Finally, the election of Barack Obama and the fear of his across-the-board tax rate hikes on capital gains, dividends, and small businesses have created the most bearish policy environment on Wall Street since the late 1970s. Investors are forward looking and they are seeing a tsunami of anti-growth policies. The proper response is to sell while you still can—and that is what investors have been doing en masse.
The solution is a flat tax that dramatically rewards investment and risk-taking and savings, and a broad reduction in government spending to free up resources for productive private spending. The Democrats are fixated on doing exactly the opposite. Good luck to them.
Stephen Moore is senior economics writer for the Wall Street Journal editorial page and co-author with Arthur B. Laffer and Peter J. Tanous of The End of Prosperity: How Higher Taxes Will Doom the Economy, If We Let It Happen (Threshold Editions).
This recession is not just a U.S. problem, not just about housing, and not just financial. Consider each point, in turn:
Germany, France, Italy, Japan, Singapore, and Hong Kong fell into recession in the second quarter (arguably before the United States and United Kingdom) when the price of oil rose as high as $145 a barrel. This was no coincidence. Soaring oil prices raise the cost of production and distribution for many industries, and reduce real household incomes and therefore consumption.
In 1983, economist James Hamilton of U.C. San Diego showed that "all but one of the U.S. recessions since World War Two have been preceded...by a dramatic increase in the price of crude petroleum." By the year 2000 we had been through nine dramatic spikes in the price of oil, every one of which was soon followed by recession. Writing in the Financial Times on January 2, 2008, I suggested that "the U.S. economy is likely to slip into recession because of higher energy costs alone, regardless of what the Fed does" (and regardless of housing too).
Ten months later (November 8), the Economist noted that, "All three previous recessions came after housing booms and oil shocks." They were talking about the U.K., but could have been talking about the U.S. Yet housing slumps can be a consequence of recession rather than a major cause. The housing bust in places like Detroit and Cleveland was not preceded by a boom.
Aside from hot spots in California, Nevada, Arizona, and Florida, the American housing boom was less exuberant than many others. On December 6, 2007, the Economist revealed that housing prices had increased 102% over the previous decade in the U.S., but 144% in France, 159% in Australia, 190% in Spain, 213% in Britain, and 240% in Ireland.
When the U.S. economy began to contract in 2008, the biggest drop in housing starts was behind us. Falling residential investment subtracted more than a percentage point from real GDP growth in 2006 and 2007, but only half a point in the second and third quarters of 2008. By the second quarter of 2008, home prices were lower than a year earlier in ten states, according to the Office of Federal Housing Enterprise Oversight (OFHEO), but higher in 26 states.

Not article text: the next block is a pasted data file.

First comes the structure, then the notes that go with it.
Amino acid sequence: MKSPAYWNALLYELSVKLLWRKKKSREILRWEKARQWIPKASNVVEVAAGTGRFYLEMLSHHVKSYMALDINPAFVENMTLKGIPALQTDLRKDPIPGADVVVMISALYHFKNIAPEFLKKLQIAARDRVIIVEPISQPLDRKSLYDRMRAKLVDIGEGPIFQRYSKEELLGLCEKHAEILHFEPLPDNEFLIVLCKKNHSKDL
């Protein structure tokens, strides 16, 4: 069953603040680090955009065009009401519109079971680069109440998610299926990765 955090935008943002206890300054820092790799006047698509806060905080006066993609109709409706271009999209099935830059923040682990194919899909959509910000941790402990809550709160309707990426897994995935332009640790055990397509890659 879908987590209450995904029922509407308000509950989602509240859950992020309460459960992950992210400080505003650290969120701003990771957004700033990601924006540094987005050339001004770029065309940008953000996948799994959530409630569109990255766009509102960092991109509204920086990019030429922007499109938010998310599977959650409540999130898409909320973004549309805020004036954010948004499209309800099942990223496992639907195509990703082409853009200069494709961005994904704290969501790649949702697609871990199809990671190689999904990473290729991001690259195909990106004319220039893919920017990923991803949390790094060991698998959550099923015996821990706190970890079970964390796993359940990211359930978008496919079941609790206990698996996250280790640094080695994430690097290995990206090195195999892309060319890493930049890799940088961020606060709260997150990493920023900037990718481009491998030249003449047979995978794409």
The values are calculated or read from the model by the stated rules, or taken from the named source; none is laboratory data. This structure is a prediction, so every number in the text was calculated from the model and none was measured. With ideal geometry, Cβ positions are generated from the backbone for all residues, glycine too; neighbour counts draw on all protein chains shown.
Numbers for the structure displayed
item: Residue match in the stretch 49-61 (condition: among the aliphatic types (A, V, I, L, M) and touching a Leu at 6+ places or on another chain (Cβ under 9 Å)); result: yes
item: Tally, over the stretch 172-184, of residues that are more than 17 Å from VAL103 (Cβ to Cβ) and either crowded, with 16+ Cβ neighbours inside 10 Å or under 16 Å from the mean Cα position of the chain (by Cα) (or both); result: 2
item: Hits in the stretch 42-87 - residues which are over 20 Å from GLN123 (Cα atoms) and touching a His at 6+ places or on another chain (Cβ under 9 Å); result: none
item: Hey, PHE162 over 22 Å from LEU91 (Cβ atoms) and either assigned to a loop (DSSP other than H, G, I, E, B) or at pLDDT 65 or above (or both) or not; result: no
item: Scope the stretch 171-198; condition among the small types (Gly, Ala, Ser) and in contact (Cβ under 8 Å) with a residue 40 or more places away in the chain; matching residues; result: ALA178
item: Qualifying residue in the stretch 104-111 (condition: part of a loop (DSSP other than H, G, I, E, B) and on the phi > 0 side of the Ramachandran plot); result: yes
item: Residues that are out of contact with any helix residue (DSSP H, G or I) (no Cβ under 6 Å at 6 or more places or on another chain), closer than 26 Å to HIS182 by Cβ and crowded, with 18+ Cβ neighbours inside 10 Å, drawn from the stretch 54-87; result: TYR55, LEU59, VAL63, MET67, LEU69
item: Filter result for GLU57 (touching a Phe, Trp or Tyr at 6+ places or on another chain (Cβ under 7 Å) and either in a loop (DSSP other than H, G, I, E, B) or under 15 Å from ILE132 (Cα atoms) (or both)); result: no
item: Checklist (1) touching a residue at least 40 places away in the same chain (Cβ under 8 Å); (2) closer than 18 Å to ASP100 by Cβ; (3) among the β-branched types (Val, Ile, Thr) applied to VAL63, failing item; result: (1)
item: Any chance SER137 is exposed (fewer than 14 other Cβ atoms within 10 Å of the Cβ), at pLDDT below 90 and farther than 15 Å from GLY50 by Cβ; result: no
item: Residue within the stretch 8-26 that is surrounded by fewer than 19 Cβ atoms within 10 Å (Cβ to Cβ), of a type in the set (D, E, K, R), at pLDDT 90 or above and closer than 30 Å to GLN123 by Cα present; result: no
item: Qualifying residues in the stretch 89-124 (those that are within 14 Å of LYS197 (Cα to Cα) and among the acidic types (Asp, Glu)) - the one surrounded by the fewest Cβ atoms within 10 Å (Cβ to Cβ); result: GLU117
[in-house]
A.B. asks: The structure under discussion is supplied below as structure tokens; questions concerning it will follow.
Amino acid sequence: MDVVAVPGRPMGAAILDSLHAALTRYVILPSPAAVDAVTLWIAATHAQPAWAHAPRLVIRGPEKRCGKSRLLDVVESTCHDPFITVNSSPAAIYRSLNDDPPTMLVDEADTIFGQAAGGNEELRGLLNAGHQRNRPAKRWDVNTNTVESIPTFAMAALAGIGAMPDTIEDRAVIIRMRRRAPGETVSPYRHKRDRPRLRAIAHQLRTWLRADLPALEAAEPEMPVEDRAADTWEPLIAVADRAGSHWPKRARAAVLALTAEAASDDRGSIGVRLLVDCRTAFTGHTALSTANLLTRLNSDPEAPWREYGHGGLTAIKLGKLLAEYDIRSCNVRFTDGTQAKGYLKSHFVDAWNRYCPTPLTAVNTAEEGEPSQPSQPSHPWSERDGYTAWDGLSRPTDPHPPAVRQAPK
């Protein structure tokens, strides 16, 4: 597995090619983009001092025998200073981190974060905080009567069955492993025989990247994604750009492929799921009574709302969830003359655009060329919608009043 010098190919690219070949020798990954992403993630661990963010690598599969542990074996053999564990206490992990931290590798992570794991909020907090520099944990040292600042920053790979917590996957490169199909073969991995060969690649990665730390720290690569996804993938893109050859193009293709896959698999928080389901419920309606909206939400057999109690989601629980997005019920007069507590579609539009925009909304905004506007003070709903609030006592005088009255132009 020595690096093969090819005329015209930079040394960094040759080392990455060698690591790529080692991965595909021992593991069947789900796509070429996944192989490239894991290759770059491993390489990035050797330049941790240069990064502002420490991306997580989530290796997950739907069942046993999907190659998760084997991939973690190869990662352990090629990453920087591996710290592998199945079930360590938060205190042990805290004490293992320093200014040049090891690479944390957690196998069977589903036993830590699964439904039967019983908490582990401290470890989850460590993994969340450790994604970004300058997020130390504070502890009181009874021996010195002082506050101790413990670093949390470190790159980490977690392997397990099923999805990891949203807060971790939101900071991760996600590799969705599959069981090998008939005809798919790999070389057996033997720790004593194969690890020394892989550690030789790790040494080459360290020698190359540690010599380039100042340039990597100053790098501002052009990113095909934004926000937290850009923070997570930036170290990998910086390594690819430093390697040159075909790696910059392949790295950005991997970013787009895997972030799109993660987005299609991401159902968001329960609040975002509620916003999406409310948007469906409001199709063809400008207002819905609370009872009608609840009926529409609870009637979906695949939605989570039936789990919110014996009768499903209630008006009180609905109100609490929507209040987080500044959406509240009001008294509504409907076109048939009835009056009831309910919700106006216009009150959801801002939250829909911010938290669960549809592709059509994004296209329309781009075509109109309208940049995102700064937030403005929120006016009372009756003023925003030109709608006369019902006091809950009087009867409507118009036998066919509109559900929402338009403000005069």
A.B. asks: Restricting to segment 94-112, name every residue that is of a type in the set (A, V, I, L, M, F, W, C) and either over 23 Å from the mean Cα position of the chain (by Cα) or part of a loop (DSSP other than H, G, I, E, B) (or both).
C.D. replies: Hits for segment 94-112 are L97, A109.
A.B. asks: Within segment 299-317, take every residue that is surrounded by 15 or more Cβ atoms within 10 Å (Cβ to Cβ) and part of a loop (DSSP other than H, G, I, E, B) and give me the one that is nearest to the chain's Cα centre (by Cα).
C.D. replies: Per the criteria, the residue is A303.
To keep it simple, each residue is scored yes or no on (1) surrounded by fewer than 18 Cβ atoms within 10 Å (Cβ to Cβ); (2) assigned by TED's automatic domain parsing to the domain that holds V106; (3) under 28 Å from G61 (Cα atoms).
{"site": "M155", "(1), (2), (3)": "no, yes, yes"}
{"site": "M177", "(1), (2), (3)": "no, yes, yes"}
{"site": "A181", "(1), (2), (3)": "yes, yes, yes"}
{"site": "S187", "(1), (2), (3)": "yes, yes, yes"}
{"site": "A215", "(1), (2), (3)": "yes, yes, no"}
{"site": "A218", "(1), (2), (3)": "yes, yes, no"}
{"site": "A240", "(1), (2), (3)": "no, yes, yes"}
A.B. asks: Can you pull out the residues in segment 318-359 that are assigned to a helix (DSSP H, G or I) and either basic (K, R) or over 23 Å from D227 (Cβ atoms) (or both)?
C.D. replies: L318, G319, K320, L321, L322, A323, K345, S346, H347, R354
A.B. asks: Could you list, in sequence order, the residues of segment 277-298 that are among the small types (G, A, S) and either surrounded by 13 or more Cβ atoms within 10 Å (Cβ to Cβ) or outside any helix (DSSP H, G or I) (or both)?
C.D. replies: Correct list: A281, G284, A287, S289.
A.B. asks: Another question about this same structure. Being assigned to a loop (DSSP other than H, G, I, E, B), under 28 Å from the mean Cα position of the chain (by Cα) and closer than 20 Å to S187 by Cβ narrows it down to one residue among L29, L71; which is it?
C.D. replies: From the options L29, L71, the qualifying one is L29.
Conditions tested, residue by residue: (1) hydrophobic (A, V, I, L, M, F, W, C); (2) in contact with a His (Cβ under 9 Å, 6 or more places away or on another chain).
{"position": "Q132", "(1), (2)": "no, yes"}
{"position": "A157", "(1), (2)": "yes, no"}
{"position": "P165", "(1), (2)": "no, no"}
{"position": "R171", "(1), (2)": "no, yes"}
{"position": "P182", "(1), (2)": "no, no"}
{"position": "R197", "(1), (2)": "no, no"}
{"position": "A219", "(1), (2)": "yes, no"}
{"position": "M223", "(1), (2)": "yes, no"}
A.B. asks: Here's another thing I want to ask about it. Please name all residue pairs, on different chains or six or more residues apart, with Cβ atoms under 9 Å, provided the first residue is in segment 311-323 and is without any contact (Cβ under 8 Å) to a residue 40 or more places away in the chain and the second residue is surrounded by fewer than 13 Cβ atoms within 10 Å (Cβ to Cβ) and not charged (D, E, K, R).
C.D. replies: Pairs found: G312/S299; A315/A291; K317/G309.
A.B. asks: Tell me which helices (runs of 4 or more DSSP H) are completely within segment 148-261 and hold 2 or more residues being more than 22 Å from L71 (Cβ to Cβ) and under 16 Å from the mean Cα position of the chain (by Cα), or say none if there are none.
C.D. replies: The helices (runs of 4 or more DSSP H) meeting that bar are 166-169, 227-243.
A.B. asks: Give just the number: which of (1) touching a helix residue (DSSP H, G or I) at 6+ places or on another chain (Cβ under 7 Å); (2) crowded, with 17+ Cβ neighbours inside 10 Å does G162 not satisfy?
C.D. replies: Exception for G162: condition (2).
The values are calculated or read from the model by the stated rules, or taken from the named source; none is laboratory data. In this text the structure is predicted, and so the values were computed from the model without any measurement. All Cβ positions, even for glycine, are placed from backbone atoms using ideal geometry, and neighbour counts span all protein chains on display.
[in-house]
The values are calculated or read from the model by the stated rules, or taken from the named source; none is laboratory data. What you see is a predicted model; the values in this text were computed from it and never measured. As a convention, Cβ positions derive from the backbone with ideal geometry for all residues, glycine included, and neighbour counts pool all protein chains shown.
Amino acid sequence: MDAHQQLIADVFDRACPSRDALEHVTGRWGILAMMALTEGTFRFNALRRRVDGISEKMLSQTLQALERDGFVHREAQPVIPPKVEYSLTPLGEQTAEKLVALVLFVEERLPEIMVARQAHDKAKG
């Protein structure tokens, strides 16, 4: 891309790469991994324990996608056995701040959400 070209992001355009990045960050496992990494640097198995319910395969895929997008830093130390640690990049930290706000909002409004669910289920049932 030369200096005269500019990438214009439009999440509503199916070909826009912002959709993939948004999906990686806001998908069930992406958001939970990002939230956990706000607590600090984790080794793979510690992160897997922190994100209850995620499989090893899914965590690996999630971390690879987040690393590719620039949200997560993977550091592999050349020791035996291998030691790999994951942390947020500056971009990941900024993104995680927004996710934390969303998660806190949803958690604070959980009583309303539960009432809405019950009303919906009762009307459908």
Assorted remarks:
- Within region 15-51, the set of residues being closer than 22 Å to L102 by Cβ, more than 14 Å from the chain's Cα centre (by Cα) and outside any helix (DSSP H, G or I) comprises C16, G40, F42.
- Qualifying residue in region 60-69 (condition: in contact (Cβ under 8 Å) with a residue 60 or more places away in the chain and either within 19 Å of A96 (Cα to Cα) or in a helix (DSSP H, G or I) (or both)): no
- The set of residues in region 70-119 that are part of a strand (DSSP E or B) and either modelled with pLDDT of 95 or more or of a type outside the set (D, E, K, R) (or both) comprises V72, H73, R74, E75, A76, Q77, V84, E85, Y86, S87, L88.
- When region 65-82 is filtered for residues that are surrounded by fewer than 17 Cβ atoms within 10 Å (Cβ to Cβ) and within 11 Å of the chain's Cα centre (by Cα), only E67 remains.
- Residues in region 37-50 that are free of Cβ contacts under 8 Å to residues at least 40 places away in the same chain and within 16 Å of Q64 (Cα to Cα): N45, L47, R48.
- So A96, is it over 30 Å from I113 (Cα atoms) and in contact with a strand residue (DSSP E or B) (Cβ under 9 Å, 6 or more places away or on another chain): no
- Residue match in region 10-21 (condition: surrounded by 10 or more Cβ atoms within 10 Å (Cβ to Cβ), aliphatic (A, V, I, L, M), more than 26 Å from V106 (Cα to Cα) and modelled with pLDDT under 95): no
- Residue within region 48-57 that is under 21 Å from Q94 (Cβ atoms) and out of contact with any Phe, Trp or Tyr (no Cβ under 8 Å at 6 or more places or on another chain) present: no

Unbearable increases in the world prices of oil and metals are a better explanation of the recession's geographical and industrial breadth, regardless of the added problems with housing and finance. And that, in turn, means falling prices of oil and metals are sowing the seeds for recovery in 2009—including a housing recovery.
What about finance? The November 10, 2008 issue of Business Week said, "Despite the government's best efforts, it may be 2010 before U.S. banks are willing to lend freely again." But bank lending was flat or down only between April and July of 2008. After that, the Fed's weekly H.8 report showed bank loans rising steadily from $6.91 trillion in July to $7.27 trillion by late October. The sudden bankruptcy of Lehman Brothers caused money market funds to shun commercial paper for the few weeks ending October 1, but nonfinancial commercial paper outstanding rose 9% in the following five weeks. Interest rates on interbank loans (Libor) came down too. Even if more credit was a sensible solution to excessive debt, the "credit crisis" has been exaggerated.
By the time of the U.S. presidential election, the multi-causal global recession was half over. Because unemployment is a lagging indicator, unfortunately, we won't hear that the recession has ended in 2009 until at least another few months have passed.
Alan Reynolds is a senior fellow at the Cato Institute and the author of Income and Wealth (Greenwood Press).